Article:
• Just another example of the push toward the “one-world government” of Revelation 13.

Medvedev Shows Off Sample Coin of New ‘World Currency’ at G-8

Russian President Dmitry Medvedev illustrated his call for a supranational currency to replace the dollar by pulling from his pocket a sample coin of a “united future world currency.” “Here it is,” Medvedev told reporters in L’Aquila, Italy, after a summit of the Group of Eight nations. “You can see it and touch it.” The coin, which bears the words “unity in diversity,” was minted in Belgium and presented to the heads of G-8 delegations, Medvedev said. The question of a supranational currency “concerns everyone now, even the mints,” Medvedev said. The test coin “means they’re getting ready. I think it’s a good sign that we understand how interdependent we are.”

  • The New World (Dis)Order is becoming less inhibited and secretive about their globalist plans

Bush Program Extended Beyond Wiretapping

The Bush administration built an unprecedented surveillance operation to pull in mountains of information far beyond the warrantless wiretapping previously acknowledged, a team of federal inspectors general reported Friday, questioning the legal basis for the effort but shielding almost all details on grounds they’re still too secret to reveal. The report, compiled by five inspectors general, refers to “unprecedented collection activities” by U.S. intelligence agencies under an executive order signed by President George W. Bush after the Sept. 11, 2001, terror attacks. Just what those activities involved remains classified, but the IGs pointedly say that any continued use of the secret programs must be “carefully monitored.” The report says too few relevant officials knew of the size and depth of the program, let alone signed off on it. While the Bush administration had defended its program of wiretapping without warrants as a vital tool that saved lives, the report said the program’s effectiveness in fighting terrorism was unclear.

CIA Director Ends Secret Program

CIA Director Leon Panetta has terminated a “very serious” covert program the spy agency kept secret from Congress for eight years, a House Intelligence subcommittee chairwoman said Friday. Rep. Jan Schakowsky is pressing for an immediate committee investigation of the classified program, which has not been described publicly. “The program is a very, very serious program and certainly deserved a serious debate at the time and through the years,” Schakowsky told The Associated Press in an interview. “But now it’s over.” The program was kept a secret from Congress on direct orders from former Vice President Dick Cheney, the agency’s director, Leon E. Panetta, has told the Senate and House intelligence committees, two people with direct knowledge of the matter said Saturday. The program, which sources told FOX News was a plan to capture or kill Al Qaeda operatives, also never came close to being operational.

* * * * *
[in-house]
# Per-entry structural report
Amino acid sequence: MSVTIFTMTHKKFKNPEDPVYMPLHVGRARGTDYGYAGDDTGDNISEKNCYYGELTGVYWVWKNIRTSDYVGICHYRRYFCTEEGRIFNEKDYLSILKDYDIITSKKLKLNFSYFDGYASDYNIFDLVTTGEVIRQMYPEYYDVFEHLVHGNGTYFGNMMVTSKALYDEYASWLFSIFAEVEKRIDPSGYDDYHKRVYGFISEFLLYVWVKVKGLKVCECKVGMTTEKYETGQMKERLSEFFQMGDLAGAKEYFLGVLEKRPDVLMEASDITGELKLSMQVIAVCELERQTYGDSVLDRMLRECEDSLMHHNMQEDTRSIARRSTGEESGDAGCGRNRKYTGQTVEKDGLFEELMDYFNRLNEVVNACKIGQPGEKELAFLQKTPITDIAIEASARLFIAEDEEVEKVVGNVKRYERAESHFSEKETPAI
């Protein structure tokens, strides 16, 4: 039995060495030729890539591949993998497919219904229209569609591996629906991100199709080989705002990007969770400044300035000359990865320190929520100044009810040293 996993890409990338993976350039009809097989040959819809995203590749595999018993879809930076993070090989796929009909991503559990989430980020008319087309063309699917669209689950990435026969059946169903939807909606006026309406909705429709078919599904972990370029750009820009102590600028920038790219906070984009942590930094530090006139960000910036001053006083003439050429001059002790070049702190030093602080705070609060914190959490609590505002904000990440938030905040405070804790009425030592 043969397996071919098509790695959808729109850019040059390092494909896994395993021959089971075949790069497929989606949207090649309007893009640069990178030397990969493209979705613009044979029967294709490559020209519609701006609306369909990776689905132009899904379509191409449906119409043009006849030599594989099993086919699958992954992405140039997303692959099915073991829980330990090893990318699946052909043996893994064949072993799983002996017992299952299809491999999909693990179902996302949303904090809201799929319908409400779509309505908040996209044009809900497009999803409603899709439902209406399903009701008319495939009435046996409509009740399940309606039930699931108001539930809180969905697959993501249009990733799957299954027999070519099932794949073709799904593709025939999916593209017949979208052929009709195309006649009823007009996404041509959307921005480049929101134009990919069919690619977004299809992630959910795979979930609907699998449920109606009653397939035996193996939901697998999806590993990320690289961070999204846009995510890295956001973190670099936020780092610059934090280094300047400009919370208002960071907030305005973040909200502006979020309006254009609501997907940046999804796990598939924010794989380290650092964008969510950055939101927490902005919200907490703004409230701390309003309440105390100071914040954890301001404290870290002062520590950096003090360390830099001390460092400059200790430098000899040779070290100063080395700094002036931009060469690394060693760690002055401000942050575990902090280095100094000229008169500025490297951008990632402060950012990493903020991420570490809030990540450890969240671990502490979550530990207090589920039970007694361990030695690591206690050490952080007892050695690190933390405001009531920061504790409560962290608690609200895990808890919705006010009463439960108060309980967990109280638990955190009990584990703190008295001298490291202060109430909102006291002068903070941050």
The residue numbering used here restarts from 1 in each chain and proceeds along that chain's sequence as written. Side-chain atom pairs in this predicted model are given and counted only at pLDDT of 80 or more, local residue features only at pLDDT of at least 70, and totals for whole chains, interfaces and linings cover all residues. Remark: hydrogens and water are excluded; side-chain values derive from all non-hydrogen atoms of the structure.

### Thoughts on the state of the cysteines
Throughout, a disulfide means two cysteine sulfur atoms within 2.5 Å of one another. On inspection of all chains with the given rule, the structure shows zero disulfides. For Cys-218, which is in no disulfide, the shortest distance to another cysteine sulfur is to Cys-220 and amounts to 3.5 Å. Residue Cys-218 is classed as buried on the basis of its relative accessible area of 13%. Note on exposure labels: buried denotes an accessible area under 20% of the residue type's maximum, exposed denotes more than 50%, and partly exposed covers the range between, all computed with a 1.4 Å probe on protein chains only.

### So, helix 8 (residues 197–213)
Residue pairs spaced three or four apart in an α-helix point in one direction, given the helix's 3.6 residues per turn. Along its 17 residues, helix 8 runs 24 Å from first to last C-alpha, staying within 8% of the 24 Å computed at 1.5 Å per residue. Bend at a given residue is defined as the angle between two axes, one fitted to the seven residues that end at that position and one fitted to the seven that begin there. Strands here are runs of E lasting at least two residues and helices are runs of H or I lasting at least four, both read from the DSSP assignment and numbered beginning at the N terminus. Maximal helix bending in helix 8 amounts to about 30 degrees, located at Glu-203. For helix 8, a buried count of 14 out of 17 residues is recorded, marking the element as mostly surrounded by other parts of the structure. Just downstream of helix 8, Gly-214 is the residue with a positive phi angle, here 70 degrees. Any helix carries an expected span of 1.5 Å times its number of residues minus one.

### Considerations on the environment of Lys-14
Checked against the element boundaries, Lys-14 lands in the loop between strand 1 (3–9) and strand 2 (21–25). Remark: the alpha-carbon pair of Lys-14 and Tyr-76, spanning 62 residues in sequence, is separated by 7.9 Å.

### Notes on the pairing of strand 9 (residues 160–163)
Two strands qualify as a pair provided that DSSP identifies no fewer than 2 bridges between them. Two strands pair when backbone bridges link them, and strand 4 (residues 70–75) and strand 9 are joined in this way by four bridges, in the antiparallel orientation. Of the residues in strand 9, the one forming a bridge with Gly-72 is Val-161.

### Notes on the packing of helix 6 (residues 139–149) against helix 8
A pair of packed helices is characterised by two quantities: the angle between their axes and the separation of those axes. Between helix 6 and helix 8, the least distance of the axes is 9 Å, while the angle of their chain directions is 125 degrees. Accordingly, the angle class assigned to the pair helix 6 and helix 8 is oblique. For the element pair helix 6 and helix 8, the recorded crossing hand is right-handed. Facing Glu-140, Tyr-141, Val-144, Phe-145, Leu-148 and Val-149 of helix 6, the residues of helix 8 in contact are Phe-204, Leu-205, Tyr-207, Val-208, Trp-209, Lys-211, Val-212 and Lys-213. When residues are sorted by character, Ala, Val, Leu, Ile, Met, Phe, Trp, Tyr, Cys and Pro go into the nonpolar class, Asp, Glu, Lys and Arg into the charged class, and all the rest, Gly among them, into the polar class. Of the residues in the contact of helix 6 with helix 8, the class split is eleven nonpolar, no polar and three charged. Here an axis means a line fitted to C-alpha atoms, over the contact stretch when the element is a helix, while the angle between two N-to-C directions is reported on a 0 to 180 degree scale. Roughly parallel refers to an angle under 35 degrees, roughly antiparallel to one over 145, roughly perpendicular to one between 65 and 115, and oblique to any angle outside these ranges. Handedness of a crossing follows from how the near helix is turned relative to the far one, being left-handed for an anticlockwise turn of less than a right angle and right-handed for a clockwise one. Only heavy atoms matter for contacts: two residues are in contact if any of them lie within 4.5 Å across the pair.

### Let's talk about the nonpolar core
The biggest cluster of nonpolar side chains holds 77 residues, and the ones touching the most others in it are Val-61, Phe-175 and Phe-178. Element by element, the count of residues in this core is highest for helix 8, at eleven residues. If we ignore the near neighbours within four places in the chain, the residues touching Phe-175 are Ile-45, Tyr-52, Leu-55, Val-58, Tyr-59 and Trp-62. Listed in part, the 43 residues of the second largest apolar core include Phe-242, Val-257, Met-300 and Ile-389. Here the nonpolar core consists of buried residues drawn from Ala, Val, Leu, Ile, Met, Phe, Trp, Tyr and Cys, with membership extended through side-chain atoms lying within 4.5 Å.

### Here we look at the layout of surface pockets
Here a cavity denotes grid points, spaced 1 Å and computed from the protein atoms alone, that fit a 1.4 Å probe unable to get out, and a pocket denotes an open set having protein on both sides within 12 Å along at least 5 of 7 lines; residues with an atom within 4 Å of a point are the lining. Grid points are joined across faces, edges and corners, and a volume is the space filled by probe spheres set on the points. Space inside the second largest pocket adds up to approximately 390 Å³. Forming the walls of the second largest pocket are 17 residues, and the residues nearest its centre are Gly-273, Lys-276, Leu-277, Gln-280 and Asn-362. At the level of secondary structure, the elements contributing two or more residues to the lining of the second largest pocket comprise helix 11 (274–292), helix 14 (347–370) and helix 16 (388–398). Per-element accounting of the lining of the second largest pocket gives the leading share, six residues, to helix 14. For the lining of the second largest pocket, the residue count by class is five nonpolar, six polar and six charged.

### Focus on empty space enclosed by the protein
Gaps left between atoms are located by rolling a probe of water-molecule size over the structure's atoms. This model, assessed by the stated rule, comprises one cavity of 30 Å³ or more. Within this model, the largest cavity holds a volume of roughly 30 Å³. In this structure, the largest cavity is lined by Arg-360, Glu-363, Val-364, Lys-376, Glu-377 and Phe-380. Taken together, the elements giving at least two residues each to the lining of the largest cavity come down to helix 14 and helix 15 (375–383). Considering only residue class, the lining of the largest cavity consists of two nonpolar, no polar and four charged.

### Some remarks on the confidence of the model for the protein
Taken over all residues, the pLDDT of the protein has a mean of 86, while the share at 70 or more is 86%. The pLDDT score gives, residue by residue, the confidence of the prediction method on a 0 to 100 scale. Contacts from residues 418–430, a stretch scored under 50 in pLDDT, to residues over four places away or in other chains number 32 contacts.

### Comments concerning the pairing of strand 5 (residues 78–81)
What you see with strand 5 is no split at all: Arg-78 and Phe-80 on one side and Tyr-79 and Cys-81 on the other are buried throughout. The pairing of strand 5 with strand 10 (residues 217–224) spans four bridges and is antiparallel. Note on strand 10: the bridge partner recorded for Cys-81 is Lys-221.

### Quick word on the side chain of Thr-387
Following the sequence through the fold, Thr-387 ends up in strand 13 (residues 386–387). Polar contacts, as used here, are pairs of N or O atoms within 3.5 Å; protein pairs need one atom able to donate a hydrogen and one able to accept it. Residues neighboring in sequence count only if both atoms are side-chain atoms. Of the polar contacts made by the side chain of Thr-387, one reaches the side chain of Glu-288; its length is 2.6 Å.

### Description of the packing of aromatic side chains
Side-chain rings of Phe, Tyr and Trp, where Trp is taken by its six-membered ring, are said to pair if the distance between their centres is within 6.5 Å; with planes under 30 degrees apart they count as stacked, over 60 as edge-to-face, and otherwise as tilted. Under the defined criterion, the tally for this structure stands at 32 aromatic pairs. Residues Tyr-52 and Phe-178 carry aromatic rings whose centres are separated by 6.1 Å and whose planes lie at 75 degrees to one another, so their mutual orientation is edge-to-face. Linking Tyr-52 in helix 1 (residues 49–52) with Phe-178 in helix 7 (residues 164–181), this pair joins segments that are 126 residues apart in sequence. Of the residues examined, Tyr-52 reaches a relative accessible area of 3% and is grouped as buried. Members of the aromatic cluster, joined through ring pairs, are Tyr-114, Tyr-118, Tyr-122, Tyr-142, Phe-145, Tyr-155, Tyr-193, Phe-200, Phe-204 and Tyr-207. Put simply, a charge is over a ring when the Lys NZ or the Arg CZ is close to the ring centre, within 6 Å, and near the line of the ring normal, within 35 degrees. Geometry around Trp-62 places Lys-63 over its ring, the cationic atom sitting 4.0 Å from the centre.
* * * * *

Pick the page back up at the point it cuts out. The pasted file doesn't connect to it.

• The CIA requires secrecy because Congress leaks like a sieve. However, the CIA has also shown a tendency to twist facts to suit their own agenda, regardless of who the President is and which party is in control.

House Leaders to Tax Rich to Finance Health Care

House Democrats will ask the wealthiest Americans to help pay for overhauling the health care system with a $550 billion income tax increase, the chairman of the tax-writing Ways and Means Committee said Friday. The proposal calls for a surtax on individuals earning at least $280,000 in adjusted gross income and couples earning more than $350,000. It would generate about $550 billion over 10 years to pay about half the cost of the legislation. As the proposal envisions it, the rest of the cost would be covered by lower spending on Medicare, the government health plan for the elderly, and other health care savings. An aide to the House speaker, Representative Nancy Pelosi of California, said she and other leaders were supportive of the idea.